The Trump administration reversed an order that would force international students to leave the U.S. if they took only online classes in the fall.
The decision brought relief to thousands of students and hundreds of universities that were scrambling to rework their plans in light of the policy.
On Tuesday, U.S. District Judge Allison Burroughs said federal immigration authorities had agreed to pull the directive and "return to the status quo." A lawyer representing the government confirmed to The Associated Press that the judge’s characterization was correct.
Last week, Harvard University and the Massachusetts Institution of Technology sued Immigration and Customs Enforcement and the Department of Homeland Security over the new rule. Hundreds of universities, 17 states and the District of Columbia followed suit.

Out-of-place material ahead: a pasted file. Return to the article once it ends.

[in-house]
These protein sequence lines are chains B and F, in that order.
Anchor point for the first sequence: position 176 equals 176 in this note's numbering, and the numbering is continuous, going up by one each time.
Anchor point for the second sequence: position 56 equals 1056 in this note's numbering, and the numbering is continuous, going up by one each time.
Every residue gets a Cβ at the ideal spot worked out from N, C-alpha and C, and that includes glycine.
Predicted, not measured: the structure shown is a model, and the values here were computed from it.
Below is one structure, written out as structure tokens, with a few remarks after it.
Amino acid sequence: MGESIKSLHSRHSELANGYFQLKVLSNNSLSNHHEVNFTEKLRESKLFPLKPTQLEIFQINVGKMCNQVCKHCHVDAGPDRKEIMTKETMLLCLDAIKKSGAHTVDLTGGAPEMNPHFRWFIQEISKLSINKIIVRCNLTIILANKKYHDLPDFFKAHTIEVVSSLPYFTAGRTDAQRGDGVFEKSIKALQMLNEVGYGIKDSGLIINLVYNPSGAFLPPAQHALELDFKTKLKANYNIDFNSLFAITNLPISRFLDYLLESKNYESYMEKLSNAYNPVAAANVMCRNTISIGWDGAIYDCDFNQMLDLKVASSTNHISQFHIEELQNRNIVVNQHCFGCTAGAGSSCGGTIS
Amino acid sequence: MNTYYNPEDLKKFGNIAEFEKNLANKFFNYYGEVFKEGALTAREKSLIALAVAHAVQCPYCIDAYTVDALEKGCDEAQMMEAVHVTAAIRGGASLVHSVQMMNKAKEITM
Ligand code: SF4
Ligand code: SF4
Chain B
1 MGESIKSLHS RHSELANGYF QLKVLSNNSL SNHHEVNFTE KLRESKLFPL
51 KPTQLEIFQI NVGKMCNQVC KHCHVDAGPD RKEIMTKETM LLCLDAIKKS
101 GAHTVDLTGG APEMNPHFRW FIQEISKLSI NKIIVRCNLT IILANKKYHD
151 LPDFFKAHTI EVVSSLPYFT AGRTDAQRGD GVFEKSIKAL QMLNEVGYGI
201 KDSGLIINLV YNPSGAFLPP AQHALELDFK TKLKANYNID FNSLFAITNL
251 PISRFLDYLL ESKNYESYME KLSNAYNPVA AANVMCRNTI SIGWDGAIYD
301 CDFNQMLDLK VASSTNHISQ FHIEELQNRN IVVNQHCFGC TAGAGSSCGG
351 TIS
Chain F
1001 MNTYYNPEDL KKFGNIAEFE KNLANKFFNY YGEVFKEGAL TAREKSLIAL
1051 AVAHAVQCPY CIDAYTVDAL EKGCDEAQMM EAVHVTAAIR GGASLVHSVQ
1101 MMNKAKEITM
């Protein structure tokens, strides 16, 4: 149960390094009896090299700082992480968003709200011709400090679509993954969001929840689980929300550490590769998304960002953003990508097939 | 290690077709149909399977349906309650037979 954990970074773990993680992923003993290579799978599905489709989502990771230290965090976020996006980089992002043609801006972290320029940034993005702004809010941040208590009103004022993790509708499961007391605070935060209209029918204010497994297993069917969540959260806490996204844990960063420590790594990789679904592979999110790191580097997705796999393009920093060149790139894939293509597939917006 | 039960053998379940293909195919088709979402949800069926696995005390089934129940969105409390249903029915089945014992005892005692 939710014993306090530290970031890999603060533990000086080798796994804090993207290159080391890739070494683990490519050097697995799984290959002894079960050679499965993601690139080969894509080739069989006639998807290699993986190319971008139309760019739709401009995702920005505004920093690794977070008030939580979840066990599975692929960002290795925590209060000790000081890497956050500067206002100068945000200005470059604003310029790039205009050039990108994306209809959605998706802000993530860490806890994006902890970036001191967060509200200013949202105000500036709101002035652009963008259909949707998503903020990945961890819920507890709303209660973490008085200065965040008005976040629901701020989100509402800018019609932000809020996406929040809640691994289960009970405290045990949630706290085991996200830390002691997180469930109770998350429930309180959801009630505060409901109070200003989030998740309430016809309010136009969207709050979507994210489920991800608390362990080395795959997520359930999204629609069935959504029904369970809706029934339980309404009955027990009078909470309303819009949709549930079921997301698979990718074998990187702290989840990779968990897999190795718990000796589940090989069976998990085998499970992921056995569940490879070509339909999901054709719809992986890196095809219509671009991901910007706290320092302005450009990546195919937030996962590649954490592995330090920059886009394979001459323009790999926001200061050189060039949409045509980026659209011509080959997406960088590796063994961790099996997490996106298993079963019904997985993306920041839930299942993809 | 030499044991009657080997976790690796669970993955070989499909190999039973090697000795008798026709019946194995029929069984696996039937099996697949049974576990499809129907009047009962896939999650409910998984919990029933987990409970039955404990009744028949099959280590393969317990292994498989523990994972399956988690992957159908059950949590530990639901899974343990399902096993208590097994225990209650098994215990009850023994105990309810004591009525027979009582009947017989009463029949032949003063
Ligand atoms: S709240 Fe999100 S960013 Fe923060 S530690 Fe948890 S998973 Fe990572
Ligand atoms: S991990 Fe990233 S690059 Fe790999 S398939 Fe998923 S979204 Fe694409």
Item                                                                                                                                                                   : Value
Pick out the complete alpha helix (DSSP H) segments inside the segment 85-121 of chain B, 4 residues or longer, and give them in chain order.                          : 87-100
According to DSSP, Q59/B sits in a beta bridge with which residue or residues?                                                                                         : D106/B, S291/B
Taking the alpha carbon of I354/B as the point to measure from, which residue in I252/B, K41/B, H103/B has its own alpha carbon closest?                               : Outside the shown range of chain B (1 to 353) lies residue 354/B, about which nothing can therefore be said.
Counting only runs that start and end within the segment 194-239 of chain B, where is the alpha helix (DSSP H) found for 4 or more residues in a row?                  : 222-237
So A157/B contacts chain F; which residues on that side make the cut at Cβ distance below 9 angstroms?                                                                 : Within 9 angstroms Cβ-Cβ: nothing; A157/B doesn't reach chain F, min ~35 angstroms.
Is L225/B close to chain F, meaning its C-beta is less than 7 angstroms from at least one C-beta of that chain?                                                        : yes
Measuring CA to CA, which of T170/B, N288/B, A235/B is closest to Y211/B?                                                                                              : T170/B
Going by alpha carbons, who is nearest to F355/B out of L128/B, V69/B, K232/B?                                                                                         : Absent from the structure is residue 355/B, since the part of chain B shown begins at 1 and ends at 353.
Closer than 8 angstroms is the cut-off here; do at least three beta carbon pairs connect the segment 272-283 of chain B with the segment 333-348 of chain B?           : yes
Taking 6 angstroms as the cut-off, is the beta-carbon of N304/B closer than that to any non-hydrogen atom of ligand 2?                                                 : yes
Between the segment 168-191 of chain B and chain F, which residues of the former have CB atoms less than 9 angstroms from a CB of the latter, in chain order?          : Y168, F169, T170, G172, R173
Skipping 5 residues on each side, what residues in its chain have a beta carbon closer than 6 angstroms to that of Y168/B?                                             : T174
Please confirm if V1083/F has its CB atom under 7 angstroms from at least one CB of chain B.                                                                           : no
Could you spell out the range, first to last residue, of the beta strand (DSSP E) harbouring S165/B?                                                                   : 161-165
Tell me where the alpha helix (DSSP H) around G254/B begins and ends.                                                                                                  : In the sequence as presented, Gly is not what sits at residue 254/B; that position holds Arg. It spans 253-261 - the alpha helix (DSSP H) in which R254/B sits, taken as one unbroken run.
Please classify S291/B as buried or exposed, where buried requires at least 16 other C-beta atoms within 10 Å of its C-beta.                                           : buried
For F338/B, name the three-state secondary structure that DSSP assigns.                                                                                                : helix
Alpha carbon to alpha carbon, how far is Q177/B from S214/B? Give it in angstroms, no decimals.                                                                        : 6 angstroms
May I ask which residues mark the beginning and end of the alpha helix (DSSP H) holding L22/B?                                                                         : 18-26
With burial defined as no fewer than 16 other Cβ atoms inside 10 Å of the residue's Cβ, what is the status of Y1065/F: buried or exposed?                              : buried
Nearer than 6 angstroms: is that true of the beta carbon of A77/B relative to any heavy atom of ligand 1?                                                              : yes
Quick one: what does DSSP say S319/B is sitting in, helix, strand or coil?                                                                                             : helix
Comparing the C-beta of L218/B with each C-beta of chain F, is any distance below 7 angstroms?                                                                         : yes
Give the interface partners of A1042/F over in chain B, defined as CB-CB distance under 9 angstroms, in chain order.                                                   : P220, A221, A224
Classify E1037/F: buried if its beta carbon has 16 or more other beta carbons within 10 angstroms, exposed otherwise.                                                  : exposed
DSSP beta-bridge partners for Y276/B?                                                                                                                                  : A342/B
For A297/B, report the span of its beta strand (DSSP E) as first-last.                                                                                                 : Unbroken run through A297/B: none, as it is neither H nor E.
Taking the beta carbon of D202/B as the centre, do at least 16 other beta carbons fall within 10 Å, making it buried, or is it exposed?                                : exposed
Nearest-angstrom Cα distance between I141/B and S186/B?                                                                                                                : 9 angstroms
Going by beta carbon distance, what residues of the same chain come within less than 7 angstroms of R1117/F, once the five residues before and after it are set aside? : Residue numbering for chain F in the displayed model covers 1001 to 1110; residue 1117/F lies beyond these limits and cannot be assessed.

The new order would have forced some 1 million international students already in the U.S. to either lose their visas or enroll in in-person classes — something that may be impossible at certain schools amid the coronavirus pandemic. That means some students could face deportation if they didn't transfer schools or leave the country voluntarily. Foreign students accepted to schools that have moved online would not be granted visas to come to the U.S.
Harvard and MIT argued the policy would disrupt students' lives and jeopardize their educations. They also said it contradicted a previous ICE directive telling schools that limits on online education would be suspended "for the duration of the emergency."
However, immigration officials say they told colleges any guidance prompted by the pandemic was subject to change. They also said the order was consistent with existing law barring international students from taking classes entirely online. Federal officials said they were being lenient by allowing students to keep their visas even if they study online from abroad.
Contains footage from CNN.
Additional reporting by Collin Binkley of The Associated Press.